slide1
Download
Skip this Video
Download Presentation
Whose course is it anyway?- giving first year students a voice in curriculum design

Loading in 2 Seconds...

play fullscreen
1 / 11

Whose course is it anyway?- giving first year students a voice in curriculum design - PowerPoint PPT Presentation


  • 70 Views
  • Uploaded on

Whose course is it anyway?- giving first year students a voice in curriculum design Amanda Corrigan School of Education. Me as a Learner. compulsory 20 credits development of undergraduate competences supports transition to university for all students promotes personal development and PDP

loader
I am the owner, or an agent authorized to act on behalf of the owner, of the copyrighted work described.
capcha
Download Presentation

PowerPoint Slideshow about ' Whose course is it anyway?- giving first year students a voice in curriculum design' - primo


An Image/Link below is provided (as is) to download presentation

Download Policy: Content on the Website is provided to you AS IS for your information and personal use and may not be sold / licensed / shared on other websites without getting consent from its author.While downloading, if for some reason you are not able to download a presentation, the publisher may have deleted the file from their server.


- - - - - - - - - - - - - - - - - - - - - - - - - - E N D - - - - - - - - - - - - - - - - - - - - - - - - - -
Presentation Transcript
slide1
Whose course is it anyway?- giving first year students a voice in curriculum design

Amanda Corrigan

School of Education

me as a learner
Me as a Learner
  • compulsory
  • 20 credits
  • development of undergraduate competences
  • supports transition to university for all students
  • promotes personal development and PDP
  • MaaL tutor acts as personal development adviser
me as a learner1
Me as a Learner

Personal Development Planning

involving students in curriculum design
Involving students in curriculum design
  • Student representatives given greater responsibility – bringing ideas from their class and attending a student focus group
  • Focus groups included 2nd year students in the role of consultants
  • Decisions made at the focus group about content and delivery of 3 tutorials plus an idea proposed for development in a lecture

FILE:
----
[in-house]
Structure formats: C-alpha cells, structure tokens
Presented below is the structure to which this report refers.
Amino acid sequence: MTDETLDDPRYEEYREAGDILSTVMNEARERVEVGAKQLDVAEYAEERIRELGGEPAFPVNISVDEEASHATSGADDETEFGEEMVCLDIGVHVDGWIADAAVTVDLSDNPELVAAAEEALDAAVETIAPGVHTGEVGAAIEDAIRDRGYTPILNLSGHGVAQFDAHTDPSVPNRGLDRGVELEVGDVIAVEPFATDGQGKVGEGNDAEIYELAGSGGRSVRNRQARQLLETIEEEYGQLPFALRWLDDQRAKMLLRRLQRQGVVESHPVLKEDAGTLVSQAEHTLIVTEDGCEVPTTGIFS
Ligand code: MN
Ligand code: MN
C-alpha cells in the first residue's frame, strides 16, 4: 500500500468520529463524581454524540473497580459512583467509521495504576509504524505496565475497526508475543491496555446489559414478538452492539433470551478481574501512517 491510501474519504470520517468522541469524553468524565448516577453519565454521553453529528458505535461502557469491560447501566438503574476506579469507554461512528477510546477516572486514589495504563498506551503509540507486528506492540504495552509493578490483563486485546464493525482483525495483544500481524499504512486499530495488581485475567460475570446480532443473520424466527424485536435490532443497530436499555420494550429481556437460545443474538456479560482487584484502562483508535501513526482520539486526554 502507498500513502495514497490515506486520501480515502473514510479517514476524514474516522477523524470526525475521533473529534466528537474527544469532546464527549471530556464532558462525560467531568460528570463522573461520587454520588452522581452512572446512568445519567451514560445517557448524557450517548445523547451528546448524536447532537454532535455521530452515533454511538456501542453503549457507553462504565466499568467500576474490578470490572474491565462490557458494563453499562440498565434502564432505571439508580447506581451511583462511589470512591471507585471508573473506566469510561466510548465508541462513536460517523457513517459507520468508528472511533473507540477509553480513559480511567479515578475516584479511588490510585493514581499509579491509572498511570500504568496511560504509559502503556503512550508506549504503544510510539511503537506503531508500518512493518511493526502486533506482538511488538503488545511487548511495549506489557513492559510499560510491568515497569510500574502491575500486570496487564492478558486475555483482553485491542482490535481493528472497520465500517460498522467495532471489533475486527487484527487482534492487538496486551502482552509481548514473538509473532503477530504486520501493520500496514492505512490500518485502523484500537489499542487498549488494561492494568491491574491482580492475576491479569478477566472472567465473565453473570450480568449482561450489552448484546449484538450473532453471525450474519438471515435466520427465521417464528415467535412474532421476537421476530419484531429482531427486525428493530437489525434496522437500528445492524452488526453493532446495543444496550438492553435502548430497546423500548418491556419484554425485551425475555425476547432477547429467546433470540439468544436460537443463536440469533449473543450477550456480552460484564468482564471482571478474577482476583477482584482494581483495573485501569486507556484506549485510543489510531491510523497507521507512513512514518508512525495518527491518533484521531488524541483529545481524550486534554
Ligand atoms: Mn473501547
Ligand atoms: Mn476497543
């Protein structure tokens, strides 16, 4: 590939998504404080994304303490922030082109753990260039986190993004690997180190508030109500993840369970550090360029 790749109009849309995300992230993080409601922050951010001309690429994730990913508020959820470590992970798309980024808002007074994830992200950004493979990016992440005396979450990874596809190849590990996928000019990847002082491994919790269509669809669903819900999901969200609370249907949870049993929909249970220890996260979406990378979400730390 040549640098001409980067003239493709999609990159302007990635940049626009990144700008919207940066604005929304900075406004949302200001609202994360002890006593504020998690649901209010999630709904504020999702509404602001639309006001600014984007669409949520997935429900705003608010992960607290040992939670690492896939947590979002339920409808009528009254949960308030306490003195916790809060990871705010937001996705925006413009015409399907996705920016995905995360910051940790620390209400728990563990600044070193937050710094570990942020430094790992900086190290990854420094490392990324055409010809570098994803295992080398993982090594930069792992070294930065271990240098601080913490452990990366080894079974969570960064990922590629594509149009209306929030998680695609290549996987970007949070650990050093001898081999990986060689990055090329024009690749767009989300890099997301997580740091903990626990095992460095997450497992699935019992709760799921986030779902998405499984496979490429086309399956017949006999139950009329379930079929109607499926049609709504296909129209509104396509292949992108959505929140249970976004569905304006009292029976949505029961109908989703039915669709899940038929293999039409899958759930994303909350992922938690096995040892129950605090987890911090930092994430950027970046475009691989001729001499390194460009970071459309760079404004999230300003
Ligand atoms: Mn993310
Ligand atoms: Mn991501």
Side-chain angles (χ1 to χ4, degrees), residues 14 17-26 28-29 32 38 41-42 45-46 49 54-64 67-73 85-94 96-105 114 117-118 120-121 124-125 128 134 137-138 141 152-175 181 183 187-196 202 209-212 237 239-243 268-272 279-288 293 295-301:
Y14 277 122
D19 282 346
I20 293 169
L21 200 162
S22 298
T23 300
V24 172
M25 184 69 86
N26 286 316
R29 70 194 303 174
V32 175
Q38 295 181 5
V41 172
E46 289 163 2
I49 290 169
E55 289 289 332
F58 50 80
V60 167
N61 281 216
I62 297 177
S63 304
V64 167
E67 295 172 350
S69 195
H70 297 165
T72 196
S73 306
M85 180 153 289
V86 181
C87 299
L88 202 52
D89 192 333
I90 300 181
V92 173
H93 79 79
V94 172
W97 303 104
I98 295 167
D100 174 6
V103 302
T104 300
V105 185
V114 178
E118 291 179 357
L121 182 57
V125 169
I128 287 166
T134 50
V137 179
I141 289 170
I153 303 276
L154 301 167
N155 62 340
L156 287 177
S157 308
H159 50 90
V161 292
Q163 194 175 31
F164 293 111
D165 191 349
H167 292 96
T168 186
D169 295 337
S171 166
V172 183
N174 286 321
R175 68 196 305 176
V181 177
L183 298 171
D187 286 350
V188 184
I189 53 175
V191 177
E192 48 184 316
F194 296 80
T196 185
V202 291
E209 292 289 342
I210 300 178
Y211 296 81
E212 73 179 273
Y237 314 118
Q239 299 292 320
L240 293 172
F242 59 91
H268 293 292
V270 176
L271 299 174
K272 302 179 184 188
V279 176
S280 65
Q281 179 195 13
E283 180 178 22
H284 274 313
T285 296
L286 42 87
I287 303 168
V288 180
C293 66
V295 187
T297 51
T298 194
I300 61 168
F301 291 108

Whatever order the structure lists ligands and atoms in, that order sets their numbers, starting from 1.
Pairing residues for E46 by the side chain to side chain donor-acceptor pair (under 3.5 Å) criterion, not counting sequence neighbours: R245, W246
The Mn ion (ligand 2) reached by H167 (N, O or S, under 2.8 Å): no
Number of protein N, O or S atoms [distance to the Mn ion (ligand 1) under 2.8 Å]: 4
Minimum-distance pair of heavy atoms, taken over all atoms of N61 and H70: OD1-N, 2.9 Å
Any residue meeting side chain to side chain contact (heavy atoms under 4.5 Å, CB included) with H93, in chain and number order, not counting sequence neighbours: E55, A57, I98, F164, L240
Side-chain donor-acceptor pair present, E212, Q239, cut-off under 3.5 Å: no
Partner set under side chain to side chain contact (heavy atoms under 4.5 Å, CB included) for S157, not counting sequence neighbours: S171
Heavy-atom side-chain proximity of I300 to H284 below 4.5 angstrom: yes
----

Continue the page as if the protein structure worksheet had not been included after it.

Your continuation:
• Student decisions shared with staff with guidelines about how content could be delivered
  • Tutors used a responsive planning approach in tutorials
  • Wider student body evaluated the process
key themes chosen by students
Key themes chosen by students

Time management/organisation*

Communication and presentation skills

Working as part of a team

Peer assessment*

Professionalism*

did you use skills from this part of the module in school
Did you use skills from this part of the module in school?

97 of 109 respondents (89% of those responding) had used skills covered in this part of the module during their school placement. 5 respondents (5% of those responding) did not make use of skills covered in this part of the module. 7 participants (6%) had not responded to this question.

how effective were your skills in the situations in which you used them
How effective were your skills in the situations in which you used them?

“ Did not seem daunting, I had done this in MaaL.”

“ Very good teaching in MaaL helped this.”

“ The skills I have are mainly from previous experience but MaaL

taught me more about myself as a learner.”

“ My skills were more effective due to the practice in the tutorial.”

issues to consider
Issues to consider
  • How representative were the student reps?
  • Did making decisions at the focus group give adequate time for reflection?
  • Was the success of the project related to the nature of the discipline and the professional placement?
  • How can students’ previous experience be considered more seriously?
consider the following
Consider the following...

Students cannot develop graduate attributes without first having a

robust set of undergraduate competences that are refined and

honed over the course of their degree programme.

references
References

Campbell, F., Beasley, L., Eland, J. and Rumpus, A. (2007) Hearing the Student Voice – promoting

and encouraging the effective use of the student voice to enhance professional development in

learning, teaching and assessment. Edinburgh: Napier University.

Campbell, F., L., Eland, J., Rumpus, A.and Shacklock, R.(2009) Hearing the Student Voice

involving students in curriculum and delivery. Final report. Edinburgh: Napier University.

Eland, J. (2010, April 20). Hearing the Student Voice.Powerpoint presentation, Higher Education

Academy Seminar, London.  Retrieved June 20, 2010 from

http://www2.napier.ac.uk/studentvoices/curriculum/download/SVLondonApril10.pptx

Lines, D. (2005). The first-year learning experience. In The Quality Assurance Agency for Higher

Education, Responding to Student Needs: Student evaluation and feedback toolkit. Gloucester: The

Quality Assurance Agency for Higher Education.

Morrison, K.A. (2009). Making Teacher Education More Democratic: Incorporating Student Voice

and Choice, Part Two. Educational Horizons. 87:2, 102-115. Winter 2009.

ad